By definition an emerging market economy is one that has a low to middle per capita income which is in the process of moving from a closed economy to an open market economy. They currently represent approximately 20% of global economies. Although China is considered to be one of the largest economies of the world it is still classified as an emerging market due to its developments and reforms and low capita income per head. In general, emerging markets are deemed to be fast-growing economies into which developed economies look for new sources of income, and through their investment the emerging economy’s production levels rise thus increasing their GDP.
The four largest emerging economies are Brazil, Russia, India and China, often abbreviated to the BRICs and the next four largest are Mexico, Indonesia, South Korea and Turkey. More recently, focus has fallen on Mexico, Indonesia, Nigeria and Turkey, now known as the MINT economies as the four emerging economies with the most promise.
Emerging market economies experienced a challenging end to 2013 as the interest rates of developed economies reached rock bottom, commodity prices eased, demand from China slowed and the Federal Reserve Bank in America commenced the tapering of quantitative easing. Fear grew that increasing interest rates in the developed economies would result in negative returns in emerging market economies.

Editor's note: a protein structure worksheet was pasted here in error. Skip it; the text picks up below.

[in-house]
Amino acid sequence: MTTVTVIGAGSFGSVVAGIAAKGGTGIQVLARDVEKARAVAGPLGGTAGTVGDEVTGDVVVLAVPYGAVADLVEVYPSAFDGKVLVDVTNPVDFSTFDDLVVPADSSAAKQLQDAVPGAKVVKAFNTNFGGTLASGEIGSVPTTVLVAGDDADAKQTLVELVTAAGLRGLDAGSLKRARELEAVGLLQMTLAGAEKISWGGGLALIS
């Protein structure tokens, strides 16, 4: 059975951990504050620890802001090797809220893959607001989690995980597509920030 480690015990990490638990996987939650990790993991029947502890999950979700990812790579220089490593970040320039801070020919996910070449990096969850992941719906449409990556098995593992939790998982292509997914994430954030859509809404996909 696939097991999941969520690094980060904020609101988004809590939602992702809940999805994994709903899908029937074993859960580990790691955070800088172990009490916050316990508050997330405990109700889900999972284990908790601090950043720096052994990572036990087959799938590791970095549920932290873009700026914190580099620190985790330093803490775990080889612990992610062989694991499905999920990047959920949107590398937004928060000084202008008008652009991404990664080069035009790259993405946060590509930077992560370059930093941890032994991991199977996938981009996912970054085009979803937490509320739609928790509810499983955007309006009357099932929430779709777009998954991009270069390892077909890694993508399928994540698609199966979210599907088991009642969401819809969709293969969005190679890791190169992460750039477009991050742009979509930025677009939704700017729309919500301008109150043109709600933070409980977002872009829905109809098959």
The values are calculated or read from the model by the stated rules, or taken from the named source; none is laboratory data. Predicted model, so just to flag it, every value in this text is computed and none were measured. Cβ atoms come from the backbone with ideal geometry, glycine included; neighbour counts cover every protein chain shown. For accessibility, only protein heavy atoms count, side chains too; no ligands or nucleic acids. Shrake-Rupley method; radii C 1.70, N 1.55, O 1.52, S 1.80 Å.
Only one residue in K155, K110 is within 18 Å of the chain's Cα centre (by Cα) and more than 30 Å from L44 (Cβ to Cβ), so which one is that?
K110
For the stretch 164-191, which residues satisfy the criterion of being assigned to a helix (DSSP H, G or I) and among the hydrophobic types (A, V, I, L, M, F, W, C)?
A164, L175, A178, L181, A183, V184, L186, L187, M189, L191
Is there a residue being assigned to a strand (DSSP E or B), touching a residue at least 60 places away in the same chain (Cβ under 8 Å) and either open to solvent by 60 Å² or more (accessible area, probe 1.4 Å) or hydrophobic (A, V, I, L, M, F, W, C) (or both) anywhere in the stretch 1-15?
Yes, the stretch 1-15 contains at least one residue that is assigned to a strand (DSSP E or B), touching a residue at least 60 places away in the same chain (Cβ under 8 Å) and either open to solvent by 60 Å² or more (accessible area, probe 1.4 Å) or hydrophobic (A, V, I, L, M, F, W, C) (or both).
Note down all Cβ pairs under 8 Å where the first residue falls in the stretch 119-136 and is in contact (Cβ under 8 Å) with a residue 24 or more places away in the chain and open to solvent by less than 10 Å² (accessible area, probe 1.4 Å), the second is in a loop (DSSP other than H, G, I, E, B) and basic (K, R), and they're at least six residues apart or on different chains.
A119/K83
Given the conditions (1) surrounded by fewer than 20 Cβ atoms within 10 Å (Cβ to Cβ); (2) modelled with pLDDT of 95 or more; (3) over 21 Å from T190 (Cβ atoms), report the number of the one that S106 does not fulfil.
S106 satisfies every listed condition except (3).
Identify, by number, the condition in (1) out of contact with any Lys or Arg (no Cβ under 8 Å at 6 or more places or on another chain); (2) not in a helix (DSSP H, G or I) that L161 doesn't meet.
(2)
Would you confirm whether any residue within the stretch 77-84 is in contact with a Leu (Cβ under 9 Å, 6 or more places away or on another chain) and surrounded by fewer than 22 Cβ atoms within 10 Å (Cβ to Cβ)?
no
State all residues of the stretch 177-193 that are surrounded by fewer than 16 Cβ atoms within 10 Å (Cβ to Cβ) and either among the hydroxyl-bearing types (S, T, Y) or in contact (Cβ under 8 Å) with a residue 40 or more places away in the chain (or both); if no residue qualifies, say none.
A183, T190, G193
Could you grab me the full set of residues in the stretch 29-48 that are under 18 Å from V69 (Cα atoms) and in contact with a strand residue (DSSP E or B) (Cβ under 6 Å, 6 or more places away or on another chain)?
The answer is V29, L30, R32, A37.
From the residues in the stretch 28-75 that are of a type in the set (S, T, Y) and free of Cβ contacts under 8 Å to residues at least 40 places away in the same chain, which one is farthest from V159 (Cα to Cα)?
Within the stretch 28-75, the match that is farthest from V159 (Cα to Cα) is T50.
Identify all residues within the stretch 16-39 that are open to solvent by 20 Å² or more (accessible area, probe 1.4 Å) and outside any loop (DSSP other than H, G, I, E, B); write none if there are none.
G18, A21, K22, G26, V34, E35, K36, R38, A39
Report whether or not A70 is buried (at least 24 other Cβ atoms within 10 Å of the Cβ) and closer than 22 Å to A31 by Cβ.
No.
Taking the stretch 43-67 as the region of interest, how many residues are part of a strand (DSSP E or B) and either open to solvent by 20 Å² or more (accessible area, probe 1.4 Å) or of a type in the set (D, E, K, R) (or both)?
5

In January 2014 the IMF predicted growth of 5.1% in 2014 and 5.4% in 2015 for emerging and developing economies compared with growth of only 2.2% in 2014 and 2.3% in 2015 for advanced economies.
It would be dangerous to treat all emerging economies the same and this is reflected in the various economic figures, as estimated by the IMF, and it is difficult to pr...
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...ion attributable to a sales tax hike in the country. Japan had seen strong growth in previous months as consumers brought forward their spending ahead of the tax increase on the 1st April so it is likely that this will only have temporary impact.
Seven of the countries to record a PMI figure below the global average of 52 came from the emerging markets. These were Mexico, India, Indonesia, Turkey, South Korea, Singapore and Indonesia, whilst there was better growth in Vietnam and Taiwan.
For long term investors emerging market economies should continue to produce good returns despite the recent setbacks, however further volatility can be expected. Many of the countries have large young populations who aspire to Western standards of living. This will require huge investment from governments and structural reforms but should drive growth in these areas for decades.